She was bought back by Laeisz for £7000 in February 1924.
No under command of Captain Hinrich Nissen she was again put in the nitrate trade until July 1931.

06 November 1931 Sold to the Gustav Erikson at Mariehamn, Aland Island for DEM 42.000 (£2700.)
She came under command of Capt. Karl Gerhard Sjögren and she entered the grain trade to Australia, with mostly her outward voyages with timber from Europe.

When World War II broke out Finland was in state of war with Great Britain the PAMIR was underway from the Seychelles Islands in the Indian Ocean with a cargo of guano for Wellington, where she arrived in March 1941.
She was seized at Wellington, New Zealand on 3 August 1941. Managed by the Union Steamship Company.
She was used as cargo carrier and cadet ship, and made during the war a handsome profits for the managers of £30.000.
Under the New Zealand flag she made ten voyages mostly between New Zealand and the west coast of America.
02 March 1948 she was visited by Princess Elizabeth (now Queen) and the Duke of Edinburgh in London.
Her latest voyage under New Zealand flag when she was towed from the Thames to Antwerp to top up with slag, arrived 18 August 1948 at Auckland after a passage of 109 days.
The last round voyage to England, she did not make any profit but a loss of £ 10.000 and the Union Steamship Company was not more interested in her.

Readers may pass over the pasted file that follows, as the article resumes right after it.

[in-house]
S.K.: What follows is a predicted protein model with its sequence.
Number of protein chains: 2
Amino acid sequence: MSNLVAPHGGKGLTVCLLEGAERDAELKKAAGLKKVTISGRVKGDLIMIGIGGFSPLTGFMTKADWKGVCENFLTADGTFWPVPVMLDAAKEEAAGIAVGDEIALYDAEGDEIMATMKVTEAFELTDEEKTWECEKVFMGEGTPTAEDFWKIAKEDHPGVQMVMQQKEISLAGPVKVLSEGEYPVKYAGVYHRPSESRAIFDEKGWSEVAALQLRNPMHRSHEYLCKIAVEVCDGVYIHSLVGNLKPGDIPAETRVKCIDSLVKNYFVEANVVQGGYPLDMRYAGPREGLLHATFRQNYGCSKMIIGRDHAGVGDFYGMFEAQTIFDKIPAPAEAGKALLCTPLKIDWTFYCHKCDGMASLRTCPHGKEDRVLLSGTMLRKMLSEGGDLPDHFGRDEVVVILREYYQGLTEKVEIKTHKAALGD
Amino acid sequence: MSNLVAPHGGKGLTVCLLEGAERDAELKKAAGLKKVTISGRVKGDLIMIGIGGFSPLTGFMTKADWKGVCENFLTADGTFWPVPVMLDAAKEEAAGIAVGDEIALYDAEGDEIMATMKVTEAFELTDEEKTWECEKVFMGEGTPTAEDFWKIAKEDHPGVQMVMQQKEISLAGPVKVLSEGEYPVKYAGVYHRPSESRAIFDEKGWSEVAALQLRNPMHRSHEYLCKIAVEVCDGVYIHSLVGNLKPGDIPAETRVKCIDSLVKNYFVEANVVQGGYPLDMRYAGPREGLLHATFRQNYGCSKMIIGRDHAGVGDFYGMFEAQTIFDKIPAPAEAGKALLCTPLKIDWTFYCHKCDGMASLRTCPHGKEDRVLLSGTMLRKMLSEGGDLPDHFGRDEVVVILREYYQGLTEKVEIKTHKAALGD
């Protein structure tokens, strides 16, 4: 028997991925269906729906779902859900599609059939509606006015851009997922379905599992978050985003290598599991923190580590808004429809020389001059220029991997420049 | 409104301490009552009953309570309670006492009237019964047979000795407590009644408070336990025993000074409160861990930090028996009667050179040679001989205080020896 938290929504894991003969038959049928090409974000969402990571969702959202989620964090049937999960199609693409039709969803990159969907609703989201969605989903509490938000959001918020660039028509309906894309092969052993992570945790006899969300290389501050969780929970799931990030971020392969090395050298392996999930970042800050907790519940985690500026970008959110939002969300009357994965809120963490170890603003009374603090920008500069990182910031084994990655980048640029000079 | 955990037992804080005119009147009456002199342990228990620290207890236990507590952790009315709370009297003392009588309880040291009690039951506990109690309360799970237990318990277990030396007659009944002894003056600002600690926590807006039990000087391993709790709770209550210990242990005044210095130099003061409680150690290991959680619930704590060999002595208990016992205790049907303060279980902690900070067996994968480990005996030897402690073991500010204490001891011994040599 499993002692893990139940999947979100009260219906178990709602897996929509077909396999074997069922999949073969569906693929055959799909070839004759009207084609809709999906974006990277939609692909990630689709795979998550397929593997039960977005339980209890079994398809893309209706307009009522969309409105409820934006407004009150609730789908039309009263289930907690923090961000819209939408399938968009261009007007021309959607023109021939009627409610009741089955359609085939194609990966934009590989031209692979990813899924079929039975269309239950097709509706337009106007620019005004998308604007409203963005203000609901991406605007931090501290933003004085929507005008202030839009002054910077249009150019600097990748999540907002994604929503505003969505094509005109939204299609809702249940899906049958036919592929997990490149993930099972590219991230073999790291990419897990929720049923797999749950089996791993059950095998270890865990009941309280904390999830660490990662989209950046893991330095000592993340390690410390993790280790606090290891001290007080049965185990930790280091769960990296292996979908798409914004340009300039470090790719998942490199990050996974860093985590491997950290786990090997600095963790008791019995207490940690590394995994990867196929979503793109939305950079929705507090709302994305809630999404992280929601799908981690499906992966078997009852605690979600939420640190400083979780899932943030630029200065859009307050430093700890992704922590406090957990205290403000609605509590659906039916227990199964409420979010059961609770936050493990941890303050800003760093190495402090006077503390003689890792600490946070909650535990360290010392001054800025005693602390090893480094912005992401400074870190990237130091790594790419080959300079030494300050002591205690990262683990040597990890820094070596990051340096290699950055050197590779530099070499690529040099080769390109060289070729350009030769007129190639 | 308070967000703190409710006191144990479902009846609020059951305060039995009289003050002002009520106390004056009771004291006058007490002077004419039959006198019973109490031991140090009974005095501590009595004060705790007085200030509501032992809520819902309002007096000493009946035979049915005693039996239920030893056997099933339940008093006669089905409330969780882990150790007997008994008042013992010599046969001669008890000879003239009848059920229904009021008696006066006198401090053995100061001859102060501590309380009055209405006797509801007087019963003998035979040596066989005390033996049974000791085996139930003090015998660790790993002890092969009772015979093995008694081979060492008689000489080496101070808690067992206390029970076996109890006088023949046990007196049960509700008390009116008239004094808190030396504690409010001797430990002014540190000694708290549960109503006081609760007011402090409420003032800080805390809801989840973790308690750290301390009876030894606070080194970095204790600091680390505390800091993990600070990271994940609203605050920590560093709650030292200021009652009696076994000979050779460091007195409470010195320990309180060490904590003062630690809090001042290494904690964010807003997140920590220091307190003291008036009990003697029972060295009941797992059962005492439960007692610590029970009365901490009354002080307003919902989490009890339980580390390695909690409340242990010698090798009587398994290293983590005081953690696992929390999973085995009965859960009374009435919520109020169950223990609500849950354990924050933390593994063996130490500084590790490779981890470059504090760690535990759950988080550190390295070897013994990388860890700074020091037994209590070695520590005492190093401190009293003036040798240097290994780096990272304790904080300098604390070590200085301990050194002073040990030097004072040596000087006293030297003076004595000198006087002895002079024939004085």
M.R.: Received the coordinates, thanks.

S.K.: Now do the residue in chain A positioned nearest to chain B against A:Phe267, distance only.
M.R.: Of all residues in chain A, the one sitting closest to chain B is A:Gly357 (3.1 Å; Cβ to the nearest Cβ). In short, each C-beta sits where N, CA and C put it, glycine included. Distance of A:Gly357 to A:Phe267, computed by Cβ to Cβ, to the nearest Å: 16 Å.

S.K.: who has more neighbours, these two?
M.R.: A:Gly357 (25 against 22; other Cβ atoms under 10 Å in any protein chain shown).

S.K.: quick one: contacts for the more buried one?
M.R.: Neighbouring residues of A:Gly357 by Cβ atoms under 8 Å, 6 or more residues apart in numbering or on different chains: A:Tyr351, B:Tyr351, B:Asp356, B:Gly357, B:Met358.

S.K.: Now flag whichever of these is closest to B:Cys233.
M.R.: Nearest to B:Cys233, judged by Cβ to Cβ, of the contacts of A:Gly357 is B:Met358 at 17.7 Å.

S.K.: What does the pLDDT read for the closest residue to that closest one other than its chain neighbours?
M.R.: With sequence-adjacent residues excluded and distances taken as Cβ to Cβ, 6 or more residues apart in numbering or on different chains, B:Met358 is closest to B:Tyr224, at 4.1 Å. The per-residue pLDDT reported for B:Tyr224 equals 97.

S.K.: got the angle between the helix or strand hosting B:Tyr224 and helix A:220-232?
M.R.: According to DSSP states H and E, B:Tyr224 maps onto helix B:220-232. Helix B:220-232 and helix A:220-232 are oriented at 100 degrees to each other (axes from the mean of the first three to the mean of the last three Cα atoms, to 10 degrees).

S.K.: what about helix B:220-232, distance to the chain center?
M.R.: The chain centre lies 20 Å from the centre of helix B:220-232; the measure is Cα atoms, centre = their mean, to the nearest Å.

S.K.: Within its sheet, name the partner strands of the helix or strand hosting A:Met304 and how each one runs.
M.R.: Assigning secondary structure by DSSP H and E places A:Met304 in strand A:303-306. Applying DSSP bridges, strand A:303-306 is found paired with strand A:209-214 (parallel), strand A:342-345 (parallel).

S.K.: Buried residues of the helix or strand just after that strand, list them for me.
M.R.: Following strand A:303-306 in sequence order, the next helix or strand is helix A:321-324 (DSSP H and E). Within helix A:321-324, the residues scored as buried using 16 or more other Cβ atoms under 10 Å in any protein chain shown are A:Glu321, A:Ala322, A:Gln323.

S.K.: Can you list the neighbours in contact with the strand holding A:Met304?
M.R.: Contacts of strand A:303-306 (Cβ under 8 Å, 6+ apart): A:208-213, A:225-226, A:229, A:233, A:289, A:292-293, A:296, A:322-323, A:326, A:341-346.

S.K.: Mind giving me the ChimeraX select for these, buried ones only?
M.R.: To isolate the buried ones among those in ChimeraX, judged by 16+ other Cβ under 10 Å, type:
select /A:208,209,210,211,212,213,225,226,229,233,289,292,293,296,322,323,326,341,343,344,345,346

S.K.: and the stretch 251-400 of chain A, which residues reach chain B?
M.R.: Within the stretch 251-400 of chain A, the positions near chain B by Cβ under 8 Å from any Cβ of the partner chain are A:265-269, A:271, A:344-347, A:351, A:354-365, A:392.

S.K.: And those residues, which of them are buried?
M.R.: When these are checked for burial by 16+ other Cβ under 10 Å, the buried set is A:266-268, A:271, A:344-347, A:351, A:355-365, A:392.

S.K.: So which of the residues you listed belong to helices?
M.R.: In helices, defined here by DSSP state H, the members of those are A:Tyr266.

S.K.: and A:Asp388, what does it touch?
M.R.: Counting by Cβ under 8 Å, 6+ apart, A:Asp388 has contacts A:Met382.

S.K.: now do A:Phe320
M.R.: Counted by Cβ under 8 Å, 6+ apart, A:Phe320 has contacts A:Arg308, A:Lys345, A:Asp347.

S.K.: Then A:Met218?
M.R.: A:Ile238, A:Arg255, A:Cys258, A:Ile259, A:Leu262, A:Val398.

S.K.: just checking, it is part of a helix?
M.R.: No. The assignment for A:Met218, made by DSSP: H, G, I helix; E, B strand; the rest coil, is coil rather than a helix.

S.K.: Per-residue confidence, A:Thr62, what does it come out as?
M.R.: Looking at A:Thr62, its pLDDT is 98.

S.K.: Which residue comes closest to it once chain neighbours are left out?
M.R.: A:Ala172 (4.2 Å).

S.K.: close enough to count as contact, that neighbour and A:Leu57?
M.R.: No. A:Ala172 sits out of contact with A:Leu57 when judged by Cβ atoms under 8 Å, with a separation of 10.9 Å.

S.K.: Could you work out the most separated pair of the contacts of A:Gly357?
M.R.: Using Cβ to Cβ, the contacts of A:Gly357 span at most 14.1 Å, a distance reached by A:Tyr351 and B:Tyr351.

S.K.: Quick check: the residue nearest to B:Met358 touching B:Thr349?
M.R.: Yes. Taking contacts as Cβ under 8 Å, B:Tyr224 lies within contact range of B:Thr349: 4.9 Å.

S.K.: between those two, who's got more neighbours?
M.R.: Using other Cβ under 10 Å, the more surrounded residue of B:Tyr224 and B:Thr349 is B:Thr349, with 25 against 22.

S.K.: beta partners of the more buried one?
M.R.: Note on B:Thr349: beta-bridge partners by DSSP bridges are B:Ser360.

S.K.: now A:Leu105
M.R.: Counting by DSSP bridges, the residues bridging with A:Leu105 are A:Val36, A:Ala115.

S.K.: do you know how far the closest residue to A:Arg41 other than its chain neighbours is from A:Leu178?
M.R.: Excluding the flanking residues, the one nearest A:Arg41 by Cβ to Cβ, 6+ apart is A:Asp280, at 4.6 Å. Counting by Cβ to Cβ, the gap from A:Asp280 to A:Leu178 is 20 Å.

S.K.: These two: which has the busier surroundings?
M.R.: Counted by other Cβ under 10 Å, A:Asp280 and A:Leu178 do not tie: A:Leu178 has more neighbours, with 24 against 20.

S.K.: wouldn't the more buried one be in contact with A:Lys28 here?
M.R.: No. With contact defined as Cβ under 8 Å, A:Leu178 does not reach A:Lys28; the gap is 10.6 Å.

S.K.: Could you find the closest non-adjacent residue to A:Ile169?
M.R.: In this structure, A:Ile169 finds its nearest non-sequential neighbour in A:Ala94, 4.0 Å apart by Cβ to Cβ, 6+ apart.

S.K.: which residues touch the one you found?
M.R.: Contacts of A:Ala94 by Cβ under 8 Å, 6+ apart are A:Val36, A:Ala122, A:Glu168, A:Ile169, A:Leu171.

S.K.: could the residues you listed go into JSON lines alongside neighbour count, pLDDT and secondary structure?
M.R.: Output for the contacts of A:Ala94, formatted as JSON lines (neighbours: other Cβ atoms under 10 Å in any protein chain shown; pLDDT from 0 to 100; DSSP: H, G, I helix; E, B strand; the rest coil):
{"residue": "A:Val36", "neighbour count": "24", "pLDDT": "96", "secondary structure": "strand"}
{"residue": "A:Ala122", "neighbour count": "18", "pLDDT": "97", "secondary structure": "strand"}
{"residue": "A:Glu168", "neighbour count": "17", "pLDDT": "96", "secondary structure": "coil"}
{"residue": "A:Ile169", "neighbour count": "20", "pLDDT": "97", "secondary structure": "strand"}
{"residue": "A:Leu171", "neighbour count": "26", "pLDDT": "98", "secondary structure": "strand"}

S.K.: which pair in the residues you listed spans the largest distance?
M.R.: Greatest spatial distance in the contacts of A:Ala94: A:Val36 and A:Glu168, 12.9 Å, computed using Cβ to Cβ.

12 November 1948 at 10 am the New Zealand Government handed her back to her former owner Gustaf Erikson in Auckland

Under command of Capt. Verner Bjõrkfelt she sailed in ballast from New Zealand.
She was the last sailing ship chartered to carry grain from Australia to Europe on 28 May 1949 she sailed from Port Victoria to Falmouth for orders with on board 4233 tons of barley in sacks. She made the passage in 127 days. She sailed three days before her sistership the PASSAT, which arrived 110 days later at Queenstown. The Aland stamp issued 1999 3m40 shows both vessels together.
After arrival the Ministry of Food in the U.K. as storage chartered her for her cargo until it was needed. After some time she discharged at Penarth and was then laid up.

In December 1950 the PAMIR and PASSAT were both sold to van der Loo at Antwerp for scrapping. She were towed to Antwerp.

Both were saved from the scrap yard by the German owner Heinz Schliewen of Lübeck. Schliewen would use both vessels as cargo-carrying sail training vessels.

She was given an auxiliary diesel motor, which could give her a speed of 7.5 knots. Accommodation for 60 to 80 cadets, and fitted out with watertight bulkheads.
She made a round voyage to Brazil, but the ship was very costly to run, and after her return she was laid up at Hamburg.
Early 1954 it was announced that she would be sold in a public auction and she came under the hammer on 2 April 1954 and she was bought by the Landesbank Schleswig-Holstein for DEM 310.000, the main creditor of the former owner..